Positive Effects of Video Games on the Brain

It has been questioned for 30 years whether playing computer games have harmful consequences, just as rock & roll, TV, and even the book is challenged with the same critique.

Most of the national attention is more significant than positive from reported smoking, heightened violence, and different health outcomes like obesity and recurrent strain injuries. I know through my research that explores both sides that the social advantages of playing games online are much more publicitarian than the research on video addiction.

Figure 1: Effects of video games on the human brain

However, there is also a plethora of evidence that indicates that computer games can be used in the area of education and rehabilitation and several experiments that illustrate how video games may enhance response and synchronization of the hand-eye. For instance, a study shows that the ability to visualize space like two- or three-dimensional objects psychologically and manipulate increases with playing video games.

Figure 2: Video Games Effects

Research by Vikranth Bejjjanki and colleagues in the Proceedings of National Academy of Sciences adds to this long line of study that shows the most beneficial results of video games. Your recently released document shows what other research showed, that players showed improvement in vision, concentration, and knowledge, in playing action video games — kind of fast-paced, 3-D shoot-em-up that is the favorite medium of doomsayers.

Improved information about the regularity and structure of environments can serve as a critical mechanism by which action video games affect vision, attention, and cognition output.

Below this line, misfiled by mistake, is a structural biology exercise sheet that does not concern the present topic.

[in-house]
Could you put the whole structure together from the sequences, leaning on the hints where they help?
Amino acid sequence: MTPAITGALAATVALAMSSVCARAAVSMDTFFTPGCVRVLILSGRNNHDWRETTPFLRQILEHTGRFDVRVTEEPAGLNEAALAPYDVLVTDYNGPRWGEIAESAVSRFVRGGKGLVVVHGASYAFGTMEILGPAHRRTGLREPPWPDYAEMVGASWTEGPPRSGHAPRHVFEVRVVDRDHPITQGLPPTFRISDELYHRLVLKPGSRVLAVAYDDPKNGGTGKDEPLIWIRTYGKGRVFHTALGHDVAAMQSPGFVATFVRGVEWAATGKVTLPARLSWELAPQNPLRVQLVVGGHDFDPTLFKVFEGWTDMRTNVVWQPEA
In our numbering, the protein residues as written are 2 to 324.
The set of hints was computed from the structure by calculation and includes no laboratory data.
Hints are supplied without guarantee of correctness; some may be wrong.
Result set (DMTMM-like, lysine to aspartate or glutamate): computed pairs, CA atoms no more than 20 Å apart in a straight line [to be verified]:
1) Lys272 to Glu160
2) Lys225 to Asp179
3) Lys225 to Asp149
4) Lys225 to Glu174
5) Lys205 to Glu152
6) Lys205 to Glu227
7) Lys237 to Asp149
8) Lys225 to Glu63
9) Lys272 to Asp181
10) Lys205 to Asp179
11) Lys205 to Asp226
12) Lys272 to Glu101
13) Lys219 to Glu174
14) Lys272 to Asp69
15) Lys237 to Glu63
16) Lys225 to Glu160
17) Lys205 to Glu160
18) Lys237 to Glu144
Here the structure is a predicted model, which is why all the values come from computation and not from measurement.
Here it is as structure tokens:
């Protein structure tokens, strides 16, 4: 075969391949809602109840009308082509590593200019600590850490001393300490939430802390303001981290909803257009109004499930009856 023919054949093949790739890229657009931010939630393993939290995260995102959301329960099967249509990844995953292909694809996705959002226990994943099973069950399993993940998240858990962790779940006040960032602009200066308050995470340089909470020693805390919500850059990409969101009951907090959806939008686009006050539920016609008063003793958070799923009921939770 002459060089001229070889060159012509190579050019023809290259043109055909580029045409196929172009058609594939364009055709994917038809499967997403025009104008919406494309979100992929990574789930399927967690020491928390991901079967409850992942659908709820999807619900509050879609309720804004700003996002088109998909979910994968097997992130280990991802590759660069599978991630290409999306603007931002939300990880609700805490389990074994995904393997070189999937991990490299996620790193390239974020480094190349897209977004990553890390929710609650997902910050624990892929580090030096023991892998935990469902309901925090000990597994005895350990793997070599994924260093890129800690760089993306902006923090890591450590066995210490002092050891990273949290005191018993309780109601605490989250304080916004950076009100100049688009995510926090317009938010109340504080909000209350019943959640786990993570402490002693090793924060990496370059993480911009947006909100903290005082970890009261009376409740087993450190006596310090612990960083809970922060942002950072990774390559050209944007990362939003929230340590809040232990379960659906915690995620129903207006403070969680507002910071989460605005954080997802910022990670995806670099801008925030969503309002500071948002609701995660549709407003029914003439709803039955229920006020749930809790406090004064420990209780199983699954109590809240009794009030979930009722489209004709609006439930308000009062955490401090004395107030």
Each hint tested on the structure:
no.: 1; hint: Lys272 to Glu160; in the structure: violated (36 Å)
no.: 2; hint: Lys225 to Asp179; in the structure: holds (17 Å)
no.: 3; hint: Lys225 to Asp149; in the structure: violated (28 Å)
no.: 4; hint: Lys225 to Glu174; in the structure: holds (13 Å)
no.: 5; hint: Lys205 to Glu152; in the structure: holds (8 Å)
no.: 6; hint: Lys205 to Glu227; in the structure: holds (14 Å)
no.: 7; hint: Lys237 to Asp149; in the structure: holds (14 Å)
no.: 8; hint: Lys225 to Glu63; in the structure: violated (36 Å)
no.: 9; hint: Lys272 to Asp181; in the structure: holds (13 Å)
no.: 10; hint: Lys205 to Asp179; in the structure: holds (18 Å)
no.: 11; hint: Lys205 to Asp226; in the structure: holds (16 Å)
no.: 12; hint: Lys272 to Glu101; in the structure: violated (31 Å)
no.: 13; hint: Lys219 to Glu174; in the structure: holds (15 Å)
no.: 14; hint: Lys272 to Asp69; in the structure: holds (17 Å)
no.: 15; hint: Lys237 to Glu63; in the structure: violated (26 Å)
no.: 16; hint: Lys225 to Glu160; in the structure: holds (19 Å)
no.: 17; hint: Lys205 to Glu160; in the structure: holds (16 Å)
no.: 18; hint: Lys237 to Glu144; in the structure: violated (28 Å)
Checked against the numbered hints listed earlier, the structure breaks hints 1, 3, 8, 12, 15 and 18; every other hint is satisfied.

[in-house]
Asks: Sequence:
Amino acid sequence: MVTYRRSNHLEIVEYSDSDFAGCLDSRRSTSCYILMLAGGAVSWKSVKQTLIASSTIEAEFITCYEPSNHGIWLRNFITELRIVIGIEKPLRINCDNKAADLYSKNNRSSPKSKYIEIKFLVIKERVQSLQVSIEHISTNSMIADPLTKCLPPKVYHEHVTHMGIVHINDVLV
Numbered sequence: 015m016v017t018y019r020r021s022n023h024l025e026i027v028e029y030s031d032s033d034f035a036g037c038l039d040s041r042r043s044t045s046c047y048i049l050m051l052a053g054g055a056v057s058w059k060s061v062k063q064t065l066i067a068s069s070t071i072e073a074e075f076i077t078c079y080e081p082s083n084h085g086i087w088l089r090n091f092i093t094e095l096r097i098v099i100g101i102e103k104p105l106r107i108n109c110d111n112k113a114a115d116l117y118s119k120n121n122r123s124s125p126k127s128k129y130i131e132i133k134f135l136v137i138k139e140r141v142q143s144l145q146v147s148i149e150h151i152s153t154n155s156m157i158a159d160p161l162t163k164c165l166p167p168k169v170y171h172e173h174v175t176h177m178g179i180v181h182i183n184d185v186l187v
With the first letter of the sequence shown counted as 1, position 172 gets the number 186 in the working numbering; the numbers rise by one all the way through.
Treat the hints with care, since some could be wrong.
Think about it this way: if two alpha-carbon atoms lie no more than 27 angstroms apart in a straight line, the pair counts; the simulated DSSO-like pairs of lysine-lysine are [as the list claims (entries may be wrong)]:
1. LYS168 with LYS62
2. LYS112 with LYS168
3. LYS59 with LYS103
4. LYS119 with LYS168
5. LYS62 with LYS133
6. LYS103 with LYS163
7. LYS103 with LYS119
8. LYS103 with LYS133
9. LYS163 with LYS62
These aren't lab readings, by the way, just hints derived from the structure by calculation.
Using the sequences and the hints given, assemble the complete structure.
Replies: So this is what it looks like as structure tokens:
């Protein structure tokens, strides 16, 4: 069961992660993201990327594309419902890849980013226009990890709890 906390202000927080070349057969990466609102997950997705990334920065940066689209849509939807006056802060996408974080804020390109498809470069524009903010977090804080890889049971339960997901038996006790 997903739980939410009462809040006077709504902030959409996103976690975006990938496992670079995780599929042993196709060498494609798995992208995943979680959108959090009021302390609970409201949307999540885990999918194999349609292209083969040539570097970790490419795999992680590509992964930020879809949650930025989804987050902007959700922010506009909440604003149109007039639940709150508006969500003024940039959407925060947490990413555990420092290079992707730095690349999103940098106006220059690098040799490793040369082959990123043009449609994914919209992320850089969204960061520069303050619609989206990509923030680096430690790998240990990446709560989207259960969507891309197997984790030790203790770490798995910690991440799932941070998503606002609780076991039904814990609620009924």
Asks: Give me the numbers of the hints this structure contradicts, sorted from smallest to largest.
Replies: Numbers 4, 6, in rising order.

I have listed several features and attributes in my articles that can find video games useful. For example, video games could be exciting and relaxing in an instructional setting, making it easier to hold unequaled attention for a more extended period. Video games are also more attractive for others to learn due to the novelty than conventional approaches.

Video games have an appeal crossing a wide range of demographic lines, including age, gender, ethnicity, and schooling. They can be used to set goals and rehearse, get feedback, strengthen your self-esteem, and keep records of behavior changes.

Their interactivity can spur learning, enabling people to encounter new things, excitement, and learning challenges. There is the chance for transferable skills, complex or unique exercises, such as flight simulators or virtual operations, to be created.

Video games can also be used therapeutically because they are so entertaining. For example, they can be used in more novel contexts as a method of physiotherapy. Many studies have found that children are using fewer painkillers when playing computer games after chemotherapy.

In addition to their amusement appeal, video games have a tremendous educational opportunity. Specific games designed to solve a particular issue or teach a particular talent are top-rated precisely as they motivate, engage, communicate and reward and enhance.

However, the transferability of expertise beyond the framework of gaming is a significant factor. Scientific literature also shows that players who are exceeding video players almost often have detrimental effects. There are few reports that soft play has substantial adverse health effects.

Figure 3: Our brain on Games